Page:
The Faraway Nearby by Rebecca Solnit
A review by Lindsey Bartlett
At the heart of it, Rebecca Solnit’s, The Faraway Nearby is not just about Solnit’s life. The Faraway Nearby is so much more than just a memoir; entwined with aspects of Solnit’s own life from her mother’s disintegrating memory to her own bout with illness, Solnit takes us into the lives of others both real and imaginary to help us better understand our own plights.
We are introduced to cast of characters from Mary Shelley’s Frankenstein to an artic cannibal and a young Che Guevara. Along the way, Solnit teaches her readers about kindness, imagination, and empathy. Solnit travels to Iceland where she lives in the Library of Water – formerly a library of books which is located on a hill that overlooks a harbor where each night she slept under these glaciers of frozen water.
Readers are treated to Solnit’s famous lyrical prose full of beautiful passages on her reading, her own life, her family, and on story, art, and history. Solnit’s memoir is not a story about just herself, but rather a story which opens into other stories in a way that is both compelling as well as profound. It is through the weaving together of all these threads that Solnit shows how all of our stories are interconnected, and why we create art and literature.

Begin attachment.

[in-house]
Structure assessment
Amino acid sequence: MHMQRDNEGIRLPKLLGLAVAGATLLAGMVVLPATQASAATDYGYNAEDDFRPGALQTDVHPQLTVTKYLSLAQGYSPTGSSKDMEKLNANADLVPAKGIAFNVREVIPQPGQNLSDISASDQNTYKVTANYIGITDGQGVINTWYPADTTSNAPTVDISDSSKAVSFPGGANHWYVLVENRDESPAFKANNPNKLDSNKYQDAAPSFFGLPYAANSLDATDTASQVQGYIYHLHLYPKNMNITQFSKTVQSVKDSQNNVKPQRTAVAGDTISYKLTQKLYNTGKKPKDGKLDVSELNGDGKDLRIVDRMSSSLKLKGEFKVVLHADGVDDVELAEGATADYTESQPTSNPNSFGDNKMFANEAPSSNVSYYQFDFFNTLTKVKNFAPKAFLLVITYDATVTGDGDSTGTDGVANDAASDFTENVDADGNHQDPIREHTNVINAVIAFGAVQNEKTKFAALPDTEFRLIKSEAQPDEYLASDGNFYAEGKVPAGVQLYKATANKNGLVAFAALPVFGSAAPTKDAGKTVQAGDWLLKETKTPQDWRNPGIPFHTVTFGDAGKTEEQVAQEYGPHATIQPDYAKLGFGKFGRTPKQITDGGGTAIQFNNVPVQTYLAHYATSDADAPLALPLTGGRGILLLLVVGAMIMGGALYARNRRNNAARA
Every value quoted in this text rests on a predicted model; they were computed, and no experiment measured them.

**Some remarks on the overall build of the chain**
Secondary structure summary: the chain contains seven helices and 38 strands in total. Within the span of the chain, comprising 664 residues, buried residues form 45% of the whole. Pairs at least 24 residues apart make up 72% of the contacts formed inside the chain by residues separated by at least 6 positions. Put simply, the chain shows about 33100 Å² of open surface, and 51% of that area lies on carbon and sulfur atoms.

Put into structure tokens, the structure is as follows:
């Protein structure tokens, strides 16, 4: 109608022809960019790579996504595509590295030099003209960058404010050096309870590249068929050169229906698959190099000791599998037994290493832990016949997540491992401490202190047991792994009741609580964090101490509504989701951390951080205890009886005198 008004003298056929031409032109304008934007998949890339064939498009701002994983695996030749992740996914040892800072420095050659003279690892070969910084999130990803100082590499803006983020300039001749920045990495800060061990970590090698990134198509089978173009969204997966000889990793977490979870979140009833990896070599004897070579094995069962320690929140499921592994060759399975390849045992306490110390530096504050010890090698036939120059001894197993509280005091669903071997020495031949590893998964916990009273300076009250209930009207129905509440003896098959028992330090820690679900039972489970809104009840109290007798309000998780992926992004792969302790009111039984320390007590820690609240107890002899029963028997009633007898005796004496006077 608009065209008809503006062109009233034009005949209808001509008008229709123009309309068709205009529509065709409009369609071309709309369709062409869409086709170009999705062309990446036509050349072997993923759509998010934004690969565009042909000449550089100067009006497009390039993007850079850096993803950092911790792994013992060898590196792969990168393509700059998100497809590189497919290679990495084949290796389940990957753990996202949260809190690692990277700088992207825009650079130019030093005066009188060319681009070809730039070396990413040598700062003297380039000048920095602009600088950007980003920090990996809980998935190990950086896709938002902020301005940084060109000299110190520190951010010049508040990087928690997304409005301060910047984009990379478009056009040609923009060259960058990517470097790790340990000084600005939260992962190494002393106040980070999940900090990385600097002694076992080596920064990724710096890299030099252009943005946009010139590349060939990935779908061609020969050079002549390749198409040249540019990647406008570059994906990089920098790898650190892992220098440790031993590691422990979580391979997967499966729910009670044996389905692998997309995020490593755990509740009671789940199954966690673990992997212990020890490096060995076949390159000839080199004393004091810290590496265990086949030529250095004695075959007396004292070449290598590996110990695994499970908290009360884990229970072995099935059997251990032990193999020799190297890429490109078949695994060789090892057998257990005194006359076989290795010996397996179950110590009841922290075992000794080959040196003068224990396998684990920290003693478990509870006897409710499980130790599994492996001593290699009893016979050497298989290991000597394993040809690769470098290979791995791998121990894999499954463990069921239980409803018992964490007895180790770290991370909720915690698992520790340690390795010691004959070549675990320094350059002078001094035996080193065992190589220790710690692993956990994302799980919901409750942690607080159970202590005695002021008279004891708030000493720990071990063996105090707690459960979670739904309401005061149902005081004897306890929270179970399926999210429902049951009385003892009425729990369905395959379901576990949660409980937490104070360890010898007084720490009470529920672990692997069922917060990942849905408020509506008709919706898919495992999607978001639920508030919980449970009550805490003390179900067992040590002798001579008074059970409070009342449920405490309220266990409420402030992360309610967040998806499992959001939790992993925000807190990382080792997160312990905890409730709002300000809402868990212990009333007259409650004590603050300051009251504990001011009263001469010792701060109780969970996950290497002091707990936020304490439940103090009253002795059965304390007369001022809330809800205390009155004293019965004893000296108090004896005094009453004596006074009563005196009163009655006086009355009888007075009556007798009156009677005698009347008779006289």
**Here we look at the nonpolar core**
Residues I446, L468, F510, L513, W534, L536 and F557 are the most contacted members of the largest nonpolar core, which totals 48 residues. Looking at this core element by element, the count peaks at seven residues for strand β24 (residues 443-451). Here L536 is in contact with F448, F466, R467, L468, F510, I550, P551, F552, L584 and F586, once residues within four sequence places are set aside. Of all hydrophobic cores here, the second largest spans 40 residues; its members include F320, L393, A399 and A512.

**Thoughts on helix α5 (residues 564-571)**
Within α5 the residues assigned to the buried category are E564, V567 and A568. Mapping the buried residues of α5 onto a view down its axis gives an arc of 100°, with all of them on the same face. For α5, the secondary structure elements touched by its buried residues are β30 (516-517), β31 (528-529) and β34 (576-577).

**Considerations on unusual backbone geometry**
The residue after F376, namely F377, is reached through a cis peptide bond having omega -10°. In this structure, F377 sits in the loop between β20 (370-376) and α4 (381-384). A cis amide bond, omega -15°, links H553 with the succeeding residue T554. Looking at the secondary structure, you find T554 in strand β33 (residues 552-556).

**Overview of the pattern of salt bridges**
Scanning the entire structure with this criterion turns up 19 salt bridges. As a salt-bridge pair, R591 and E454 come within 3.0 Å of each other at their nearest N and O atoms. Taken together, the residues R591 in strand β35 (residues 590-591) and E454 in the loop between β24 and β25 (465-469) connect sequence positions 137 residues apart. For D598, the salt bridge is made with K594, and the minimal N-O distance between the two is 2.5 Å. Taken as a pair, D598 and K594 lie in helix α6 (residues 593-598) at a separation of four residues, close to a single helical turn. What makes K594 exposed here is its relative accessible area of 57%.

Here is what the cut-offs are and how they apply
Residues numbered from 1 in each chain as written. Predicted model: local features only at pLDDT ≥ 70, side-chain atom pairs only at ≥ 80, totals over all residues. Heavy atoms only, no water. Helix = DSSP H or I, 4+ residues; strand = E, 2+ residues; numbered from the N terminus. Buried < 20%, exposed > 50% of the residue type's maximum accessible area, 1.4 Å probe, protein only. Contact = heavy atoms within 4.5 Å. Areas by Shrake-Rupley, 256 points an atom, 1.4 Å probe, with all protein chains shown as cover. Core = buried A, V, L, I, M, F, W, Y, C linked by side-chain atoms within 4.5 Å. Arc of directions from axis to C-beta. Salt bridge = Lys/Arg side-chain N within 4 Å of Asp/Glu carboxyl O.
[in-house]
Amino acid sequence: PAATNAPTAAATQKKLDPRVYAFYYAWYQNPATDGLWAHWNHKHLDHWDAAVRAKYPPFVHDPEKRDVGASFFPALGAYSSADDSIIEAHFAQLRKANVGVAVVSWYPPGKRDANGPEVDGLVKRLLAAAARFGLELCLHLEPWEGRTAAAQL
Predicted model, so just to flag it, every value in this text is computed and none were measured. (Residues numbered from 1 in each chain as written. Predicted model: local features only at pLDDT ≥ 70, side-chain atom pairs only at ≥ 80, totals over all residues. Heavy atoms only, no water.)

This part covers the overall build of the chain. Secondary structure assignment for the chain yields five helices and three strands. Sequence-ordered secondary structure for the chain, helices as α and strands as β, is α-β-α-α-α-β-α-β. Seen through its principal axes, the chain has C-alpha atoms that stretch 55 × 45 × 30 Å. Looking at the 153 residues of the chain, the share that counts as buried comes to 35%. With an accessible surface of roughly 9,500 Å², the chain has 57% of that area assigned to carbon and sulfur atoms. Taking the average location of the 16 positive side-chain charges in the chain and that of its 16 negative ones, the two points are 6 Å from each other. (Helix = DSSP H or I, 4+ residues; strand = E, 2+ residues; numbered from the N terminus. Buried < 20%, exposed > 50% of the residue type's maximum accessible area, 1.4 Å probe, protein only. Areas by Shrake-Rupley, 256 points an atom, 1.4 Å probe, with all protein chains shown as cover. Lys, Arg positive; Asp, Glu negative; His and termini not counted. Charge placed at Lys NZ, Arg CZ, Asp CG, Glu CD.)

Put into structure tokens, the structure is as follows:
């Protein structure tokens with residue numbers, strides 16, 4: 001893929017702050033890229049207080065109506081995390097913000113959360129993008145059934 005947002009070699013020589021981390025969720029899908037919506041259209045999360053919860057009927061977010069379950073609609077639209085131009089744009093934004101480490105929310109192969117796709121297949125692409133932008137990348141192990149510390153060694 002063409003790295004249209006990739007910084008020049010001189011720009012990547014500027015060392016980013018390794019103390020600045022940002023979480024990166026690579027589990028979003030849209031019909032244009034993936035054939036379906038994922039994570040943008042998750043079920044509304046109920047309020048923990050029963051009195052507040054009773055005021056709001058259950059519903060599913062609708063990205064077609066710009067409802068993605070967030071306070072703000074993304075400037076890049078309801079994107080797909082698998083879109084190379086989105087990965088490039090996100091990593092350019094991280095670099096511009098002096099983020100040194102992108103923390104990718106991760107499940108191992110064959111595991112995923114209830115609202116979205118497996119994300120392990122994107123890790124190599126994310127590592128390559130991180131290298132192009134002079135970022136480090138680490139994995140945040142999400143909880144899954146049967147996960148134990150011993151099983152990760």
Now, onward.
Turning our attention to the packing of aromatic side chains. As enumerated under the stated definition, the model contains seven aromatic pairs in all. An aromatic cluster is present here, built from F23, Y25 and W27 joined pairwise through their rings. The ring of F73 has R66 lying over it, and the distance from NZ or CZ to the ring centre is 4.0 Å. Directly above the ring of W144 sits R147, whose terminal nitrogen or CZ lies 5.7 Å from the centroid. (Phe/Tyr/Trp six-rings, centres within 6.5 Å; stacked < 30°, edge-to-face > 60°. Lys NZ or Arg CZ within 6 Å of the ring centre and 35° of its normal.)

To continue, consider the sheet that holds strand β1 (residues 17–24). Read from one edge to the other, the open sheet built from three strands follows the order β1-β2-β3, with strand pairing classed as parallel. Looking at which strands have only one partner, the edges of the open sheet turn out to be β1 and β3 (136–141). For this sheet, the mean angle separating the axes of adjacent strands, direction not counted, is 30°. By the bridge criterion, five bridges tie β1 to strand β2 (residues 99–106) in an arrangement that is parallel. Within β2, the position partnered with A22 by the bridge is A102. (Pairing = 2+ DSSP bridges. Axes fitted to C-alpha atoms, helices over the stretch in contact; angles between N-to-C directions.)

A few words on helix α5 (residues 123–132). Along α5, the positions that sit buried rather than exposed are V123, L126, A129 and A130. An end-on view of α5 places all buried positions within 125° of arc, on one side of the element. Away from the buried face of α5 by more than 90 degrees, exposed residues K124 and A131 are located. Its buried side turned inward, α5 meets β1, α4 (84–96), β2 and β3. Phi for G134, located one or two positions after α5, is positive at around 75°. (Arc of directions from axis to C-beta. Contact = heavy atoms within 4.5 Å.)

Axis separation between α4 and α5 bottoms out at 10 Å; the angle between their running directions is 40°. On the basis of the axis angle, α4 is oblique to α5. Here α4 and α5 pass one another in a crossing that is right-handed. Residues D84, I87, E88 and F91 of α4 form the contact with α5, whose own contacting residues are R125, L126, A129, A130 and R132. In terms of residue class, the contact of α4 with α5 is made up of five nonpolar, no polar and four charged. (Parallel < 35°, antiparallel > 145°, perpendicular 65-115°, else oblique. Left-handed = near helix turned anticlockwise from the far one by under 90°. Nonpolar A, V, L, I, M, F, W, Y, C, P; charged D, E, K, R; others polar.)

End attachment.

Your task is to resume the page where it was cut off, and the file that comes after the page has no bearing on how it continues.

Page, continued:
I leave you with a quote from the opening pages of The Faraway Nearby:
“We think we tell stories, but stories often tell us, tell us how to love, or to hate, to see or to be blind. Often, too often, stories saddle us, ride us, whip us onward, tell us what to do, and we do it without questioning. The task of learning to be free requires learning to hear them, to question them, to pause and hear silence, to name them and then to become the storyteller.”